Up until last September I wrote out my lesson plans as a cryptic list of agenda items squeezed into one of those tiny boxes on the pages of the lesson planbook handed out to all of the teachers in my school. Using pencil (to make it easier to revise plans if necessary), I created a kind of shorthand that only I could decipher, sketching out daily and weekly plans as I hunched over my desk or pretended to monitor student behavior during cafeteria duty. (Oops. I mean, as I diligently observed student behavior during cafeteria duty.) At the beginning of a new school year, it was always my intention to go back and reflect on what I had done in the previous year. But the pages of the planbook had rubbed together from constant use, smudging the penciled notes and rendering my old plans illegible. So I relied on my memory and my computer files to guide me through the curriculum. As I realized that I had to consciously integrate ACTFL standards and proficiency guidelines, Bloom's Taxonomy in its revised and digital forms, and 21st century skills in order to improve my teaching practice, I realized that the old paper planbook, with its tiny boxes and smudgy skeleton lesson plans, had to go.
There are some elegant and affordable web-based planbooks available, such as Planbook.com and Hellmansoft's Planbook, which was created by a teacher and has a native iPad app. Both of these programs are highly customizable and user-friendly. But... planning with them felt like wearing someone else's shoes. I needed a tool that I could personalize even more, that made attaching related resources a snap, that would be quick to use and intuitive to me.
Enter Evernote. This beautiful tool is multi-platform (PC, Mac, iOs, Android) and works in concert with other top-notch apps (see the Trunk) to make it pretty much anything you want it to be. I was already using Evernote to organize interesting articles and resources I found on Twitter and elsewhere on the web, and I had read about teachers using it to streamline the planning process. How could I do the same? I wanted to keep the flexibility and the in-the-moment utility of the agenda list, like I had in my
paper planbook, but I also wanted to make sure that I had a way to track
standards, Bloom's and 21st century learning skills used in my plans. I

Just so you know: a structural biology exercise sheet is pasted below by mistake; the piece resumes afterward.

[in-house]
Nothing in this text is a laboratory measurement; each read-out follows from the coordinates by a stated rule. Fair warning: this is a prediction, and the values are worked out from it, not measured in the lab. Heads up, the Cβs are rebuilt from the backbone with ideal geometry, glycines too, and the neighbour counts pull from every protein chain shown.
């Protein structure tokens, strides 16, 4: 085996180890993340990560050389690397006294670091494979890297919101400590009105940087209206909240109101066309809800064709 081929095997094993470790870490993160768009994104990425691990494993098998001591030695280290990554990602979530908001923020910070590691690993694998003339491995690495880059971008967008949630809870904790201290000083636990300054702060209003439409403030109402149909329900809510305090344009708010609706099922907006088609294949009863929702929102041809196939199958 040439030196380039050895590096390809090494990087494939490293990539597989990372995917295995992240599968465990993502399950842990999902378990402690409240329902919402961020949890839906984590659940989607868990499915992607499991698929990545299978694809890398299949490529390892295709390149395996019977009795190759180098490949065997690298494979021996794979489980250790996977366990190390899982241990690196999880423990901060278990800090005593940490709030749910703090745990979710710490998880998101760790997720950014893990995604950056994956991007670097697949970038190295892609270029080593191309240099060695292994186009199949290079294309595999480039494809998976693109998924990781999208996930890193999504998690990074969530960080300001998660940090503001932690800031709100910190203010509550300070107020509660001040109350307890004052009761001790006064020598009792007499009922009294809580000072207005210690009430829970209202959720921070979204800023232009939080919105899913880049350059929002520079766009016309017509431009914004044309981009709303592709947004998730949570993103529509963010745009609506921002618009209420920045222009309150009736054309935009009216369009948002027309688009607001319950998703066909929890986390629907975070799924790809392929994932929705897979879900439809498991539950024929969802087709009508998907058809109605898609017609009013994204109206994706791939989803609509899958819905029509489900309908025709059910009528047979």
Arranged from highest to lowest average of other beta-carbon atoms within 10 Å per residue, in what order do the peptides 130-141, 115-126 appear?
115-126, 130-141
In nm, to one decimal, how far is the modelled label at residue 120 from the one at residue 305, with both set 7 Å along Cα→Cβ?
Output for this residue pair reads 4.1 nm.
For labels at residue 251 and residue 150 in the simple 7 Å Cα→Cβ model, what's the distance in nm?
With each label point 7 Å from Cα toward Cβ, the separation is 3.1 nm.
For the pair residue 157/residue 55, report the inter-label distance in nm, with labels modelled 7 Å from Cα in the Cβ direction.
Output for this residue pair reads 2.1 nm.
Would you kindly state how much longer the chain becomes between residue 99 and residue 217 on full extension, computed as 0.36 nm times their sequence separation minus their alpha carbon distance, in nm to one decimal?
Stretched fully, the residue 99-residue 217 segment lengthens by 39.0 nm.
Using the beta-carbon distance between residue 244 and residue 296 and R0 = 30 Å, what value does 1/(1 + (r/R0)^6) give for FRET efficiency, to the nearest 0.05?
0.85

also wanted to remind myself to assign meaningful homework. After tinkering for a little while and revising several versions of a lesson plan template, this is what I came up with. It's a lesson plan "template" that is really just a blank
lesson plan note, which I could then copy and paste into the appropriate
notebook and fill in with my plan for the day's class. To organize, I created notebooks for the classes I teach, and then "stacked" notebooks for each unit within the course notebook. I can add web-based resources for units and lessons to the appropriate notebook by using Evernote's web clipper, and I can even attach files and modify them within Evernote. Adding key words makes it easy to search for lessons by topic. Here's an example of a completed lesson plan. By the time I'm finished planning the lesson, I usually know it inside and out, but I can always check the plan on the Evernote app on my iPad while I'm in class or pull it up on the classroom computer using the internet. I can share my plans with my supervisors prior to class observations or with colleagues to facilitate collaboration. And I can always revise the template if I want to add or take away elements--which will come in handy whenever the school decides to integrate the Common Core.
There are a lot of apps out there that promise to be your do-it-all app, but I think Evernote is one of the few that actually deliver. It's my desert-island app (along with Spotify, Kindle and Safari, as long as the desert island has wifi). How do you use Evernote? What apps do you want on your desert island?